With all of the recent hurricanes, wildfires, and other natural disasters, you’ve probably noticed a proliferation of prominent messages at the top of websites directing impacted users to emergency resources. These messages are important and we want our users to be draw to them quickly when they visit our site.
Drawing a user’s attention without annoying them (no alerts, modals, etc.) is fairly simple. We can use large fonts, bold colors, icons, and white space to visually separate the message from the rest of the page and make it noticeable. Unfortunately, this doesn’t apply to users with a vision impairment who browse the web with a screen reader.
So how do we make a message stand out for someone who can’t see all of our smart design decisions? This question came up recently at work when my teammate Rob asked me if there was an Aria role for an important message.
First things, first
Screen readers, like browsers, don’t always follow the spec perfectly and might behave differently. For this reason, ordering content in a meaningful way and using semantic markup should be your first concern. This ensures that a user can move through your document in a way that makes sense, even if an accessibility feature isn’t functioning as expected.
Back to the problem of making an important message accessible, my first thought was to use “alert”, which is meant to be used on “a message with important, and usually time-sensitive, information” or “status”, which is similar to “alert”, but less assertive.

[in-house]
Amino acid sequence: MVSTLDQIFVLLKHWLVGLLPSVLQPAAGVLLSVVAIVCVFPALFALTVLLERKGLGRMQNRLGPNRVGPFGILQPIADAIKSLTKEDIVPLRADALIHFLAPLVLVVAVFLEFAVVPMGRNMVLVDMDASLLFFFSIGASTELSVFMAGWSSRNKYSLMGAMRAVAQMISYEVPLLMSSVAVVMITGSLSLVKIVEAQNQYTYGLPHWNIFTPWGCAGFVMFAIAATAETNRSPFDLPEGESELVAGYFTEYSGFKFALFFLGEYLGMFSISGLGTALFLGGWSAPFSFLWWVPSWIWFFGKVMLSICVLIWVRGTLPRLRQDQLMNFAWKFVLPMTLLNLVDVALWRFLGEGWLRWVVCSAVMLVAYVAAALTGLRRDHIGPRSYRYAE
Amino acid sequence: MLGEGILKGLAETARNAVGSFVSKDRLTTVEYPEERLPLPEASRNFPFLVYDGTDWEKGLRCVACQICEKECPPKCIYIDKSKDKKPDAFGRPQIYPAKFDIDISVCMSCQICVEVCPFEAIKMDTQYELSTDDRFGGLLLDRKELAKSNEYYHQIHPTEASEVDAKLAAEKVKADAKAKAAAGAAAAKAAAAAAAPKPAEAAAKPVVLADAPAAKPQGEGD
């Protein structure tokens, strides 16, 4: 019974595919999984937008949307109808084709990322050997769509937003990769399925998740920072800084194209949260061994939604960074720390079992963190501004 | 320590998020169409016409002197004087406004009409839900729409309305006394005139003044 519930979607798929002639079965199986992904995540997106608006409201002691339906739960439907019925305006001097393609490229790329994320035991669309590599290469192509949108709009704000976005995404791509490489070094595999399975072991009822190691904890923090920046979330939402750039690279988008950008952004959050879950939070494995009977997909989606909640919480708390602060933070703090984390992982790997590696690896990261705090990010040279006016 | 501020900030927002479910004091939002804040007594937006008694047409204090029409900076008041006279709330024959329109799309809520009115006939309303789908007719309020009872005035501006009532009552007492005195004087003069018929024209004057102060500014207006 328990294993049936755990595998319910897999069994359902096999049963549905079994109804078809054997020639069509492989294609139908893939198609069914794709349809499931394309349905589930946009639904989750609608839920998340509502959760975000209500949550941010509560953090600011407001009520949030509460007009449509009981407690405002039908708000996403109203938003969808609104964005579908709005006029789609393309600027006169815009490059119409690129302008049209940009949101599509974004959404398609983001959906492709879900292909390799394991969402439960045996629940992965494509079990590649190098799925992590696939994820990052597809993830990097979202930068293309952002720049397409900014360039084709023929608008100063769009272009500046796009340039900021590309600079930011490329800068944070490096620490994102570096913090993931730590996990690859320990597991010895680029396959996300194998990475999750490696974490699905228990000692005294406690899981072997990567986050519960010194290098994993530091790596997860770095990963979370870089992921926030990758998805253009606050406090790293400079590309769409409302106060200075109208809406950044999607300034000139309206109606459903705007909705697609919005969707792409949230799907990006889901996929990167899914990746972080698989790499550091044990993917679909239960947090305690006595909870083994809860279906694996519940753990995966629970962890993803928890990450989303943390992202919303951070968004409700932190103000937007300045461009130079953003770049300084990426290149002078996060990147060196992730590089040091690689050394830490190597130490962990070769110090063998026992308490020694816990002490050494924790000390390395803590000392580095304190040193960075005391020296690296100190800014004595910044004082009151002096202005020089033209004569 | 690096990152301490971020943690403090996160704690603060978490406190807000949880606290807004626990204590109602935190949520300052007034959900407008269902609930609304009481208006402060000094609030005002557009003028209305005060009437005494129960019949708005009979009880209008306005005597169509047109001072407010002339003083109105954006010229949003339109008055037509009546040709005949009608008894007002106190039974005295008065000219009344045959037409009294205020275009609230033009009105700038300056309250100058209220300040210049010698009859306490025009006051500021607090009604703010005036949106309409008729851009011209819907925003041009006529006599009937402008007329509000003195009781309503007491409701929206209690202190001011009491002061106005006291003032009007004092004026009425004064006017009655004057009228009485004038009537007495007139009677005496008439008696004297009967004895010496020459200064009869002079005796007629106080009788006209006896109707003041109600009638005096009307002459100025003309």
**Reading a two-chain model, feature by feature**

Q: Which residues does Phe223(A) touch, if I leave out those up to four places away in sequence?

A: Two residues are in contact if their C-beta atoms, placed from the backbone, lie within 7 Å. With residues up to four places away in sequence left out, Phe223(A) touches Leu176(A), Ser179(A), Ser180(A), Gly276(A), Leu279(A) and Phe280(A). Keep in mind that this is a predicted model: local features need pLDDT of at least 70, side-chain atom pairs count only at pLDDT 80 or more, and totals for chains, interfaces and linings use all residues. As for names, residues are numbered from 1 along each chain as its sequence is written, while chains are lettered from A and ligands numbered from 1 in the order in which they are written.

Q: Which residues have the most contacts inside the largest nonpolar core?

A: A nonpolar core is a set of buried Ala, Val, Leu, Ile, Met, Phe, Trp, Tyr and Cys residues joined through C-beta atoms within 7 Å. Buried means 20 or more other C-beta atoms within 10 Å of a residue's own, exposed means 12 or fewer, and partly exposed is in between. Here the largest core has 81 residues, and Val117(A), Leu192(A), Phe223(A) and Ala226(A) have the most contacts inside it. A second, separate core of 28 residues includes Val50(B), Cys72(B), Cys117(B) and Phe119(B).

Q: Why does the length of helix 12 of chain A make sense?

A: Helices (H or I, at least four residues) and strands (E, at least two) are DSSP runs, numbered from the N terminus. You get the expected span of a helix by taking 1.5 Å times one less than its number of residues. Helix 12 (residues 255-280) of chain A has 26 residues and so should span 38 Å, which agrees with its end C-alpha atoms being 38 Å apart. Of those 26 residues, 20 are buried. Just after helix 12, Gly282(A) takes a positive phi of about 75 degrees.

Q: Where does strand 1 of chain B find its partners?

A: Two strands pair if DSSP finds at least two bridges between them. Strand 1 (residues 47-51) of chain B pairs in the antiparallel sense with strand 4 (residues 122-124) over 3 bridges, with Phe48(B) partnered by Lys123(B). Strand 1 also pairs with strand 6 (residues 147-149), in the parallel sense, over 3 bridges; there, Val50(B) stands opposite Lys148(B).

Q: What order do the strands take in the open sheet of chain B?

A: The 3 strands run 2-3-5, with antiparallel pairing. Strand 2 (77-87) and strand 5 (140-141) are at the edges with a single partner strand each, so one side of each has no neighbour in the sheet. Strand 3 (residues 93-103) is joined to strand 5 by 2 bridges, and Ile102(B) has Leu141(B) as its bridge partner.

Unfortunately, according to WAI-ARIA Authoring Practices 1.1, “It is important to note that, at this time, screen readers do not inform users of alerts that are present on the page before page load completes.”
This means we could only use “alert” or “status” if the message is dynamically added to the page after it finishes loading. This feels like too much overhead for a message that we really just want in the page from the start.
The next idea I had, and the solution we ended up using, was a less common landmark role called “region”.
Landmark roles are used to identify the structure of a web page. Screen readers create a menu out of landmark roles which the user can utilize to quickly jump to major sections of the page.
The “region” landmark is used to contain content that is “relevant to a specific, author-specified purpose and sufficiently important that users will likely want to be able to navigate to the section easily and to have it listed in a summary of the page.”
We can use the “region” landmark on our important message along with “aria-label” to provide the text that will show up in the landmark menu. Now, if our user is navigating the page with landmarks they will see that there is something important for them to read. On a Mac using VoiceOver it looks like this:
Here is a sample of the code you could use:
I like this solution, but it’s not perfect. I would rather be able to use “alert” which is supposed to read the contents right after it reads the page title, but the lack of support means I need something else.
This solution makes it easily available without being annoying. If you can think of another solution, I’d love to hear about it!
This article was cross-posted to Medium.com. Leave me a comment over there.